Return of the Solow Paradox? IT, Productivity, and Employment in U.S. Manufacturing
David Autor (),
Gordon Hanson () and
No 19837, NBER Working Papers from National Bureau of Economic Research, Inc
An increasingly influential "technological-discontinuity" paradigm suggests that IT-induced technological changes are rapidly raising productivity while making workers redundant. This paper explores the evidence for this view among the IT-using U.S. manufacturing industries. There is some limited support for more rapid productivity growth in IT-intensive industries depending on the exact measures, though not since the late 1990s. Most challenging to this paradigm, and our expectations, is that output contracts in IT-intensive industries relative to the rest of manufacturing. Productivity increases, when detectable, result from the even faster declines in employment.
JEL-codes: J2 L60 O3 (search for similar items in EconPapers)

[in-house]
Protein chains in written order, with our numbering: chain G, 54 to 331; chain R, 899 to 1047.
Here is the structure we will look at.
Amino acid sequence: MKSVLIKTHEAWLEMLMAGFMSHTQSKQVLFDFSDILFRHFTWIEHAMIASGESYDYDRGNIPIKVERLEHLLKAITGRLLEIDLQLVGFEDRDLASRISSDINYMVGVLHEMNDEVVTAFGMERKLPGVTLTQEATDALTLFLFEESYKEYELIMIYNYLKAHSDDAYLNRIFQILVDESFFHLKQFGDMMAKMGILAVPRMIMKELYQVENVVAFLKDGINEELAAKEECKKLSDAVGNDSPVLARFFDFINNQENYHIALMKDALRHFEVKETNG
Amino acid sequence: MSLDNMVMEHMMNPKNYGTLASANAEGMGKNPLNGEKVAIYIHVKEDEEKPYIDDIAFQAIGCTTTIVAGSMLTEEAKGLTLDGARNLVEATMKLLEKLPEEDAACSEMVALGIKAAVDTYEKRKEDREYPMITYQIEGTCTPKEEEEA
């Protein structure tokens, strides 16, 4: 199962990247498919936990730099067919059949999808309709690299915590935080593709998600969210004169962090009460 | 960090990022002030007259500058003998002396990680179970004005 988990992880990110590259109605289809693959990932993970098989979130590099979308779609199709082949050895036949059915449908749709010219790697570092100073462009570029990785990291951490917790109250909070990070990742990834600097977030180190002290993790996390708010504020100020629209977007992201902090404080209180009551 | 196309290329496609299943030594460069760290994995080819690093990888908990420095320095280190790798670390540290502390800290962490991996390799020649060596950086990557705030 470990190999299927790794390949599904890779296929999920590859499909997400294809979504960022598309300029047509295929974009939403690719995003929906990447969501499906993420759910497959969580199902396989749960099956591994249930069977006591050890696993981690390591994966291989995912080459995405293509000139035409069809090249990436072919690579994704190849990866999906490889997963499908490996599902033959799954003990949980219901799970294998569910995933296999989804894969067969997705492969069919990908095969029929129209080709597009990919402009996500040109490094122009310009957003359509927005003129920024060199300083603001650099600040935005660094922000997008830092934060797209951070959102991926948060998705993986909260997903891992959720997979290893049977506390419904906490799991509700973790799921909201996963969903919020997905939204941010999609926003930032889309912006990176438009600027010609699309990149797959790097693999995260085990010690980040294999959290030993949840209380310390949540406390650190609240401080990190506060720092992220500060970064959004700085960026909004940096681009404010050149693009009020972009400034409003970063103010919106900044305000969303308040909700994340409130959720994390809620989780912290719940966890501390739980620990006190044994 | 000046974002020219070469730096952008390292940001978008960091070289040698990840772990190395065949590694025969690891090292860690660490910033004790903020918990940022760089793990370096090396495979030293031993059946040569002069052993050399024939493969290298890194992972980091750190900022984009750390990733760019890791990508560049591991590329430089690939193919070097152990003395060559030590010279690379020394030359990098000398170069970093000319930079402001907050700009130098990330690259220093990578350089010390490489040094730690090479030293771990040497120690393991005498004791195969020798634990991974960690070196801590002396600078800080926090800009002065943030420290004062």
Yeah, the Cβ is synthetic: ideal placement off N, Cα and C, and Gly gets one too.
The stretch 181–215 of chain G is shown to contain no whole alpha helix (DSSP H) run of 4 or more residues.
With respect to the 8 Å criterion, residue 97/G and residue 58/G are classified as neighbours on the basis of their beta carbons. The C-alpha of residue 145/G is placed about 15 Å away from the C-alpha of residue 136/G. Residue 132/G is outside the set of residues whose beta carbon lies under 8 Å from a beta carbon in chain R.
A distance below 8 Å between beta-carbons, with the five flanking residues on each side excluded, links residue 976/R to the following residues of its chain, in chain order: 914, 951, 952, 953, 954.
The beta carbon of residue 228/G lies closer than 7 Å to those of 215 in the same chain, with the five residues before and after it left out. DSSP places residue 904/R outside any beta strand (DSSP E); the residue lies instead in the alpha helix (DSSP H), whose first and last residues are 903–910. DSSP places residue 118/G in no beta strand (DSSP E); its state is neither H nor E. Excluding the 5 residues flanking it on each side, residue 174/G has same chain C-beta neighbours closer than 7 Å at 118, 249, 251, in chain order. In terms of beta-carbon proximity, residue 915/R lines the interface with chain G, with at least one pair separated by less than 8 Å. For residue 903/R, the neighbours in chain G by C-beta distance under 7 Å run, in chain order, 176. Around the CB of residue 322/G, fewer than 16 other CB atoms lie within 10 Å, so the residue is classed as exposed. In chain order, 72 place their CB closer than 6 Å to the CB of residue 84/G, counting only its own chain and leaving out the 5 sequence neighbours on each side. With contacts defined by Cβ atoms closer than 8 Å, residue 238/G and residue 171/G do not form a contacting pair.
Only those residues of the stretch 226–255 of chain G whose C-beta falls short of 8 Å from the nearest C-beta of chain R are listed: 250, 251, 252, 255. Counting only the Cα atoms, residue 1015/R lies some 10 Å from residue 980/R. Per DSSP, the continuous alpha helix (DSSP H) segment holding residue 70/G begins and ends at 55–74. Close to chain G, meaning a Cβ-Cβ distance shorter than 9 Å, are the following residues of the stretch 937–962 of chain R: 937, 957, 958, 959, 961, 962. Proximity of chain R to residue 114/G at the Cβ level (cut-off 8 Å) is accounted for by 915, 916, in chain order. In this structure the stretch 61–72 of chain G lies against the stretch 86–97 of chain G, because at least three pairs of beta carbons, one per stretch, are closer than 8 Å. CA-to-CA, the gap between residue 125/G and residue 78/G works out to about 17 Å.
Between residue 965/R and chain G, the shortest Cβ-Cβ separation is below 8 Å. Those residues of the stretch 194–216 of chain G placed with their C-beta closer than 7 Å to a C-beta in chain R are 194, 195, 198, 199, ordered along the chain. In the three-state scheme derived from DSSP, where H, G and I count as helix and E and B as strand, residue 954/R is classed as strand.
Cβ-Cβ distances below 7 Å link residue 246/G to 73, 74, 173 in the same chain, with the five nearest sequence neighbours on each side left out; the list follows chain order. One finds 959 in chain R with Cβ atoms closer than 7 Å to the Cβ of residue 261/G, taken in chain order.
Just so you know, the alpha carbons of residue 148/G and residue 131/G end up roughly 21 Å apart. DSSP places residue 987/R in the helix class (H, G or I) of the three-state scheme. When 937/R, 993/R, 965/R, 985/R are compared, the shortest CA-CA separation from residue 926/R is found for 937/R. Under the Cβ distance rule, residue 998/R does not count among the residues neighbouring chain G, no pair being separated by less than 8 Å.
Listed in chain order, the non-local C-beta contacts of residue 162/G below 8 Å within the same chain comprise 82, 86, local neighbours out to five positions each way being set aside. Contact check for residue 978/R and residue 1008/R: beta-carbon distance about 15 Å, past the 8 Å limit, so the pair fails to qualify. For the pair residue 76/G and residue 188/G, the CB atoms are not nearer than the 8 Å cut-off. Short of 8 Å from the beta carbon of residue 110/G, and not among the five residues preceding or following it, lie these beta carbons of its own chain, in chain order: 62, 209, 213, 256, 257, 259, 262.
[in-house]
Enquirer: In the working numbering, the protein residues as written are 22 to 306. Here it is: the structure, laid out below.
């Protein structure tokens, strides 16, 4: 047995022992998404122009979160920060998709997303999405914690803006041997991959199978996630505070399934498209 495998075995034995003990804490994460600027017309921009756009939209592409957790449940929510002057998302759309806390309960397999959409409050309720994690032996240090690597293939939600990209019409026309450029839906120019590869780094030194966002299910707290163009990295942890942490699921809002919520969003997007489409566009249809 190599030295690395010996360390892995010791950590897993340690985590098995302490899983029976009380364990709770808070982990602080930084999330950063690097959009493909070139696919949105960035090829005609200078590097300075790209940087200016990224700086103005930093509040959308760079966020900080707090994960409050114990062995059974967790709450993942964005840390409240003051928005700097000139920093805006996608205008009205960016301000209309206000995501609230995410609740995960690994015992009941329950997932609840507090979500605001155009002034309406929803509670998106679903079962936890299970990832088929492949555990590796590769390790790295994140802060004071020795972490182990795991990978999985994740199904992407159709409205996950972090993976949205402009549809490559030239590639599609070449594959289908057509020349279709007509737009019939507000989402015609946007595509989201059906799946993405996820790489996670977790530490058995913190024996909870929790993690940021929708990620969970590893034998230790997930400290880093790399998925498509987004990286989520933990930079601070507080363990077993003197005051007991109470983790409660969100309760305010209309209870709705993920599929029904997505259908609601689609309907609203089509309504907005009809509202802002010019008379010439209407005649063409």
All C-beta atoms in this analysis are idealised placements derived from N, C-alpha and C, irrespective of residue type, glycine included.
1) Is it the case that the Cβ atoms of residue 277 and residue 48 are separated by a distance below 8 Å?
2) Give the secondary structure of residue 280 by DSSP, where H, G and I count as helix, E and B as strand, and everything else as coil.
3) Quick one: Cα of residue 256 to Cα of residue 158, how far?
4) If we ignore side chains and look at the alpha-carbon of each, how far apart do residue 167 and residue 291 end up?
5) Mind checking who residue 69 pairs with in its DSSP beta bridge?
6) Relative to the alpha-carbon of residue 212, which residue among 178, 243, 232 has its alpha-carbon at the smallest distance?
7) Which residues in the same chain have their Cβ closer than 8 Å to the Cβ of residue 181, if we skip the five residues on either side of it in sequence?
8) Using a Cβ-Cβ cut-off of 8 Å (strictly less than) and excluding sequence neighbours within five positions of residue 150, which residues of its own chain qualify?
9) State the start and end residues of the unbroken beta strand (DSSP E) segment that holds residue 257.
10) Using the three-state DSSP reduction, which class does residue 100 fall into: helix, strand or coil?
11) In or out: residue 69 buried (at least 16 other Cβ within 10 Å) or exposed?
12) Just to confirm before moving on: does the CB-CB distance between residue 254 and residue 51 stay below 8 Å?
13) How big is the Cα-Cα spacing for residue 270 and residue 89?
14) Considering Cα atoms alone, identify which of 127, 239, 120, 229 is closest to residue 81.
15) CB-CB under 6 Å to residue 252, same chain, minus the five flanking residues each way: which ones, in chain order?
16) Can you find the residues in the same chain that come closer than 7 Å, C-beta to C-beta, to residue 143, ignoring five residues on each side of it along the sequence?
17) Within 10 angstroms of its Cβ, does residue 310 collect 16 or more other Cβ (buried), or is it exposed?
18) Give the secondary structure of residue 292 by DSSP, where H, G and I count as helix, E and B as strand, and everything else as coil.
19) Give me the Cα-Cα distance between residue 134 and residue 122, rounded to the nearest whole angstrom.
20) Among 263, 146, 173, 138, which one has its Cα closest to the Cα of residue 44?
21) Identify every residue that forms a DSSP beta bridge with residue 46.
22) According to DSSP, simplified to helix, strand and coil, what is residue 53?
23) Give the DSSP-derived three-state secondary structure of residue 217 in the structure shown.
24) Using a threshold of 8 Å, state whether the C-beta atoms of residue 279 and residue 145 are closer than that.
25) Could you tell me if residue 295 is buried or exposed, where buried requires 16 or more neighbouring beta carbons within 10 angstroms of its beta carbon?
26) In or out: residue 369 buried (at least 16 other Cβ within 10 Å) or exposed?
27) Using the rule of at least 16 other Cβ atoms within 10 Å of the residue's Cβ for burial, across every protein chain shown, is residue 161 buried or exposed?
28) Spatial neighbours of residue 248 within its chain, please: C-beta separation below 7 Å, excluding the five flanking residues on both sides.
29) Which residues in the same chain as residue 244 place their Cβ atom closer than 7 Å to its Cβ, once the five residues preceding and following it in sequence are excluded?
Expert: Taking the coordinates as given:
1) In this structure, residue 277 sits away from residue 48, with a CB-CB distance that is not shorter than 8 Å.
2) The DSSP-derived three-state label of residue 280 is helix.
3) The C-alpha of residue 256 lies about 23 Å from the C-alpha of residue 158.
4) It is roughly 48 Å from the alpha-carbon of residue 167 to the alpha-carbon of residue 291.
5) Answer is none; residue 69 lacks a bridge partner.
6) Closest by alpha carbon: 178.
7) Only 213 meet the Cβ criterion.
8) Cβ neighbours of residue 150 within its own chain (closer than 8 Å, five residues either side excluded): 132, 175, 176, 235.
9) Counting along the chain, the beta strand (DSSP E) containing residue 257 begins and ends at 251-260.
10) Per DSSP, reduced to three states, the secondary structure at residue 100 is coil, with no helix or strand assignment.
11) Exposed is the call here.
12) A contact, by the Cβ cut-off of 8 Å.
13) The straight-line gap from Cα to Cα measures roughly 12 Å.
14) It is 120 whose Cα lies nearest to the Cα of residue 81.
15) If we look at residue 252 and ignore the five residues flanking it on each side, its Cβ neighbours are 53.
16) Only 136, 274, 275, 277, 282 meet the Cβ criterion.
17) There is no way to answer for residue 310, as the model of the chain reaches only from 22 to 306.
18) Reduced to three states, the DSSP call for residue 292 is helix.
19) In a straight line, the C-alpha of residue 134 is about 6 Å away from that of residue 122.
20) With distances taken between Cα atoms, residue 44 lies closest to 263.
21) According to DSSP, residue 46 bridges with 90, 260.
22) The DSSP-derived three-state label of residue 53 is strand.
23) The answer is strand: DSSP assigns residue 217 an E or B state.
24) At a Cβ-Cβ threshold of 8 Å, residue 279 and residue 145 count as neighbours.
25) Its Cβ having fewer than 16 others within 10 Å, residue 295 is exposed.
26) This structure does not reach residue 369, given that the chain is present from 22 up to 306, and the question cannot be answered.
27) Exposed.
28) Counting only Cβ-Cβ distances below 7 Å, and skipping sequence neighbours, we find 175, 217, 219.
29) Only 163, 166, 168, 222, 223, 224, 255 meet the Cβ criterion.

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Published as Daron Acemoglu & David Autor & David Dorn & Gordon H. Hanson & Brendan Price, 2014. "Return of the Solow Paradox? IT, Productivity, and Employment in US Manufacturing," American Economic Review, American Economic Association, vol. 104(5), pages 394-99, May.
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Journal Article: Return of the Solow Paradox? IT, Productivity, and Employment in US Manufacturing (2014)
Working Paper: Return of the Solow Paradox? IT, Productivity, and Employment in U.S. Manufacturing (2014)
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